Brexit trade deal: So near and yet so far
“On technical issues we’re 90% there,” was the upbeat assessment of EU-UK trade talks by a well-informed EU diplomat on Friday.
Well, sort of upbeat. Because he then went on to say: “That remaining 10% is political. And if that can’t be solved, then the 90% is irrelevant. There will be no deal.”
Such is the mood in Brussels ahead of next week’s round of formal negotiations to agree a post-Brexit trade deal with the UK, with fewer than 100 days to go before the end of the transition period.
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EU leaders believe the prime minister’s domestic difficulties with Covid-19, plus dissatisfaction with his leadership amongst a number of his own MPs, make it more likely that Boris Johnson will seek an agreement with Brussels on a trade deal, rather than attempt to sell a no-deal scenario as a win, come the year’s end.
Key sticking points remain
Nonetheless, EU diplomats have responded cautiously to reports in the UK press that a deal is now clearly in sight and that the government is keen to go into a negotiating “tunnel” with Brussels to clinch an agreement.
“We’re nowhere near there!” was the reaction of one EU insider close to the negotiations. Brussels insists its negotiators only ever enter a “tunnel” when the political landing zone is clear for both sides to see.
But the key sticking points in trade talks remain stubbornly the same: fishing rights, competition regulations (the so-called level playing field) including state aid and the governance of any eventual agreement – i.e. how disputes between the two parties would be handled.
Some in the EU think government sources are now briefing UK journalists that a deal is (almost) at hand because Downing Street is getting ready to compromise. The EU’s argument has long been that it has listened to and tried to respect UK red lines in negotiations (for example, to avoid involving the European Court of Justice in the treaty), but that the UK has not taken steps towards recognising EU priorities.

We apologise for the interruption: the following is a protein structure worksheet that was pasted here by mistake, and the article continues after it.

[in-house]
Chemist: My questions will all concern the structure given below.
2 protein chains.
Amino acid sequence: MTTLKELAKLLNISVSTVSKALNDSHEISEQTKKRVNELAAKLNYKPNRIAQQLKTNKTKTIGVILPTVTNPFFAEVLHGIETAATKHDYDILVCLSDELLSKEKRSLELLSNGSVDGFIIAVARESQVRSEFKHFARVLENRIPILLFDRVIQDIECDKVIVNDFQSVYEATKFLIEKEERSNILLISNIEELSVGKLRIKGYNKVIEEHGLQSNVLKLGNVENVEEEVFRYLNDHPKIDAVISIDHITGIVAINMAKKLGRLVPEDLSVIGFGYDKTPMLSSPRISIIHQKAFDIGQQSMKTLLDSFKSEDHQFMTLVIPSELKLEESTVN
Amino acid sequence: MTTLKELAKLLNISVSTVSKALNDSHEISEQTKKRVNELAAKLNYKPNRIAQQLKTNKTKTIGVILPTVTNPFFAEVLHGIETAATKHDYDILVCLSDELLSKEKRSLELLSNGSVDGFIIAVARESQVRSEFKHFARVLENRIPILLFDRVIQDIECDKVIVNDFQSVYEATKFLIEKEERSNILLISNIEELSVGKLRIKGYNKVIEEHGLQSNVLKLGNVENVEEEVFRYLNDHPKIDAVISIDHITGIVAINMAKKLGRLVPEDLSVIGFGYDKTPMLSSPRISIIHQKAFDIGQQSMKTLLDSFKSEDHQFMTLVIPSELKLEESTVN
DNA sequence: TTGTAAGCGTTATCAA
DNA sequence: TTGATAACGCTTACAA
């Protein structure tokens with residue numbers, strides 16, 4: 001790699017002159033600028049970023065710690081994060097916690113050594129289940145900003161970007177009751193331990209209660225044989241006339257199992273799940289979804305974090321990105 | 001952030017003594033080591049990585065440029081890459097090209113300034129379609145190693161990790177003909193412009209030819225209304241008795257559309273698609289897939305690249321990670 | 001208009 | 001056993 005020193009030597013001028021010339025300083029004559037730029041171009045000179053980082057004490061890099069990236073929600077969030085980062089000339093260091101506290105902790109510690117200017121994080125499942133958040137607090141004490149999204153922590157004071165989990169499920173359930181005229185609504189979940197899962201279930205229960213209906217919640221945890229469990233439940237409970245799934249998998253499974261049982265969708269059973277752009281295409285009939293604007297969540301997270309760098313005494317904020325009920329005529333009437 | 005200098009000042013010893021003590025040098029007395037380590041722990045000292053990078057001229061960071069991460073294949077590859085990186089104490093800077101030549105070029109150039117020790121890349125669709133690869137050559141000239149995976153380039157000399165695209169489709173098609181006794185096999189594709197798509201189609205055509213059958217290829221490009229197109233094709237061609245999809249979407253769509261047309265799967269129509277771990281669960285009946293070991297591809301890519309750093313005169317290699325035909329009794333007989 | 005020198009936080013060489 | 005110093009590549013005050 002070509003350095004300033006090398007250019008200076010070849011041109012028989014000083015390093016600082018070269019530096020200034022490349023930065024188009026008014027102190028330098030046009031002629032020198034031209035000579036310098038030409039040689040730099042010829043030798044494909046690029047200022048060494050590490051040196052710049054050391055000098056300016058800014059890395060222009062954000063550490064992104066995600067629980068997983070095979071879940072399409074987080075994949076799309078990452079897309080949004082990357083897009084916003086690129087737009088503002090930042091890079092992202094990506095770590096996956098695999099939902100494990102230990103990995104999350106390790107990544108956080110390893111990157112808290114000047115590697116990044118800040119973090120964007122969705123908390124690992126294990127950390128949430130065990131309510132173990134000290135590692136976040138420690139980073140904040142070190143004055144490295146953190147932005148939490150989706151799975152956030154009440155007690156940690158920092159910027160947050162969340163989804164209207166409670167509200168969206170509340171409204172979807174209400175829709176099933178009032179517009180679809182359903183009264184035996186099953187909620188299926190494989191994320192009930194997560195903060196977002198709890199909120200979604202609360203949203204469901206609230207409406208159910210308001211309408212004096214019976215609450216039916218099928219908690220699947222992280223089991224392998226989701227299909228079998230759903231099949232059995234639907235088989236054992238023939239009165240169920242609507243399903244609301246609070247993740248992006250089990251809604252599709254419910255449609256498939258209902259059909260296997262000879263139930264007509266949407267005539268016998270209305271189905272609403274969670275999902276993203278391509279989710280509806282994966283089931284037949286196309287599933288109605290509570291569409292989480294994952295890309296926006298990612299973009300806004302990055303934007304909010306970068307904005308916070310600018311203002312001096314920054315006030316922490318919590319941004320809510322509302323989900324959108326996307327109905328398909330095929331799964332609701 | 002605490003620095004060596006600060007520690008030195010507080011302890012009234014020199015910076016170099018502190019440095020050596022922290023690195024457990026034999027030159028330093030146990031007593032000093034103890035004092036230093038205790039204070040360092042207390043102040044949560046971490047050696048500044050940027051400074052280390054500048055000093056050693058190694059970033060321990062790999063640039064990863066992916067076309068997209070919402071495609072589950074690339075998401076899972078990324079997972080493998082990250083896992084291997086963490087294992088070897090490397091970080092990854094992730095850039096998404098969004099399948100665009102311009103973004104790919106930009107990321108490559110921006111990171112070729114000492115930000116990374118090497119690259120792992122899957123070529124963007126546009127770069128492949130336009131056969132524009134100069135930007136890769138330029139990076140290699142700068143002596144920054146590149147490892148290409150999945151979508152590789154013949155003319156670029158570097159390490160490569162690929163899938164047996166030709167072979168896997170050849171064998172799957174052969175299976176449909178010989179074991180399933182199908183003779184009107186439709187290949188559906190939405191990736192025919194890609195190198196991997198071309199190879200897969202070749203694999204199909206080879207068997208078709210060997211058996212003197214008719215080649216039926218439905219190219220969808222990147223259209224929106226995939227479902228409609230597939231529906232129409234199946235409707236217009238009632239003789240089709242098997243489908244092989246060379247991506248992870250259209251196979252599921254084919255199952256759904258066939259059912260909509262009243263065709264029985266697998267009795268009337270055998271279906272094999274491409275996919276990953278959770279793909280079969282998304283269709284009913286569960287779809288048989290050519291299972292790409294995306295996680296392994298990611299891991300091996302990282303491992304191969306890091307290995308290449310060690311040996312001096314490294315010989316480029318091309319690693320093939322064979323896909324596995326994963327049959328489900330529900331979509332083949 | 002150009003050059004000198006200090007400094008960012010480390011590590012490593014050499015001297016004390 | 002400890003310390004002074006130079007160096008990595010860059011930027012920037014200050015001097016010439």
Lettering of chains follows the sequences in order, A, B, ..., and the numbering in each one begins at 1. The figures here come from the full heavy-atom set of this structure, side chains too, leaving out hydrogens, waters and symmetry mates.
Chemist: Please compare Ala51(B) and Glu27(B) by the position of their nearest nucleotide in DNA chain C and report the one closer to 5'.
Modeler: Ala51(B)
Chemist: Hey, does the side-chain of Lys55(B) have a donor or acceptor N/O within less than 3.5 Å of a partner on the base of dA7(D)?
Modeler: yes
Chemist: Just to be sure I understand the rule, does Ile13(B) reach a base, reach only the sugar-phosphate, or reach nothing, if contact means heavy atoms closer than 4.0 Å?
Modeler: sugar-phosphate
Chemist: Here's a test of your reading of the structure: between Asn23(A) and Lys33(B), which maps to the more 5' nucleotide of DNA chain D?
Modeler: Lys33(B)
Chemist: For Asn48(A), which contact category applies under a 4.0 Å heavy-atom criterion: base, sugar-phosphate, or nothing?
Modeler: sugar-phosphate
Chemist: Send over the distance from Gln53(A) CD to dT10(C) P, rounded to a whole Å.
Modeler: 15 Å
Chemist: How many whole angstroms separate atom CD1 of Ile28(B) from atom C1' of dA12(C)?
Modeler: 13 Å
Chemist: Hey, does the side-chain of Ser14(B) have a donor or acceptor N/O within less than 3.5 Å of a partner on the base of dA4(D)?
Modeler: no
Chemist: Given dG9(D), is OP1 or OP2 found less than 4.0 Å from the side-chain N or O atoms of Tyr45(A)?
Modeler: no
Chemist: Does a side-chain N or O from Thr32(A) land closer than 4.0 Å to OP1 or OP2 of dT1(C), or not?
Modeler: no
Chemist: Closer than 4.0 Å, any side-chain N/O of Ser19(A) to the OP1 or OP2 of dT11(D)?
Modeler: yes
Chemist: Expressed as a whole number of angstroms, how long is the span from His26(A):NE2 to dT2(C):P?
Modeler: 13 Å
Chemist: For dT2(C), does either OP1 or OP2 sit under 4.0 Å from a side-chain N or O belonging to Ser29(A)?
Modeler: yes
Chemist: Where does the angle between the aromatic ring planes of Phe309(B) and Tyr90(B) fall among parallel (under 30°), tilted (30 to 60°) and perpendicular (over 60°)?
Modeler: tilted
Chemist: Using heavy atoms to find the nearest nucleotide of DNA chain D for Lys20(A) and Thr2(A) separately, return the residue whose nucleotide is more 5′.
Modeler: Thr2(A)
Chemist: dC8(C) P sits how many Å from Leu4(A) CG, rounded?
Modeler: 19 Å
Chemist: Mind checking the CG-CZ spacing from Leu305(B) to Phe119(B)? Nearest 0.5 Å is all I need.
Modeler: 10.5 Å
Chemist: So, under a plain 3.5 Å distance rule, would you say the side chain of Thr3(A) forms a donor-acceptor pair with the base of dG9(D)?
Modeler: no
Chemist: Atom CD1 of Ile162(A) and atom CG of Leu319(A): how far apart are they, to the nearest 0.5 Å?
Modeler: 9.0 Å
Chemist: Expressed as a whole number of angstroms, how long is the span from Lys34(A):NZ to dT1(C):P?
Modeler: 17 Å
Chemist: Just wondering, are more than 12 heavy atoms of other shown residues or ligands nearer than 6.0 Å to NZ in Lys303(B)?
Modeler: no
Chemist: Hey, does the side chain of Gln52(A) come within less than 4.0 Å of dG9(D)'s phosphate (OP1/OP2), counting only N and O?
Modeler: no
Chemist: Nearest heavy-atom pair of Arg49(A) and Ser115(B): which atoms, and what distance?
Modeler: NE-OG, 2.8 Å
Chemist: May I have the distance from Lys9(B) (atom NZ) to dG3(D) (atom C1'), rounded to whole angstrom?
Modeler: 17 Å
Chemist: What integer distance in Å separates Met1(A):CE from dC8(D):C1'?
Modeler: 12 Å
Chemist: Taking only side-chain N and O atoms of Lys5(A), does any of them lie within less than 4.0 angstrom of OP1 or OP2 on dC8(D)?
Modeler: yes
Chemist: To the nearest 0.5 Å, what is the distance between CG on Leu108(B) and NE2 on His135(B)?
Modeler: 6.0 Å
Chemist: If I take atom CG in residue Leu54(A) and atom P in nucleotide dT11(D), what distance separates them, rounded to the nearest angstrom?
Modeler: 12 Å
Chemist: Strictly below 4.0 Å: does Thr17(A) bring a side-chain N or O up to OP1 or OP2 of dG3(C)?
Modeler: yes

The UK negotiating team denies this and says the opposite is true.
Third country status ‘win’
Whatever the case, the above EU diplomats think any positive noises coming out of the government are good news for negotiations.
But the glass-half-empty brigade in Brussels are more sceptical. They worry Downing Street is raising expectations of a deal as a stick with which to beat the EU; allowing the government to paint itself as flexible and the EU as intransigent, should negotiations fall apart.
These diplomats note the UK has yet to volunteer concrete compromise proposals they know would be acceptable to Brussels. Trust in the Johnson government is not great.
They also roll their eyes at the “win” against Brussels being touted by some in the UK; an assertion that the EU is now backing down and will be awarding the UK third country status, thereby avoiding what the prime minister warned could have been an EU blockade on food from Great Britain to Northern Ireland after Brexit.
“That was bonkers,” is how one well-placed insider put it to me.
The EU view is that the row over third country status was “created” by Downing Street to then demonstrate a “climbdown” by Brussels that actually never took place.
The EU says it never imagined not being able to award third country status to the UK allowing food exports to the bloc. It awards that status to many countries worldwide, from Mongolia to Mauritania. But, as with all these countries, Brussels wants to see domestic legislation regarding food standards. It says that is what it is still requesting from the UK.
Robust dispute settlement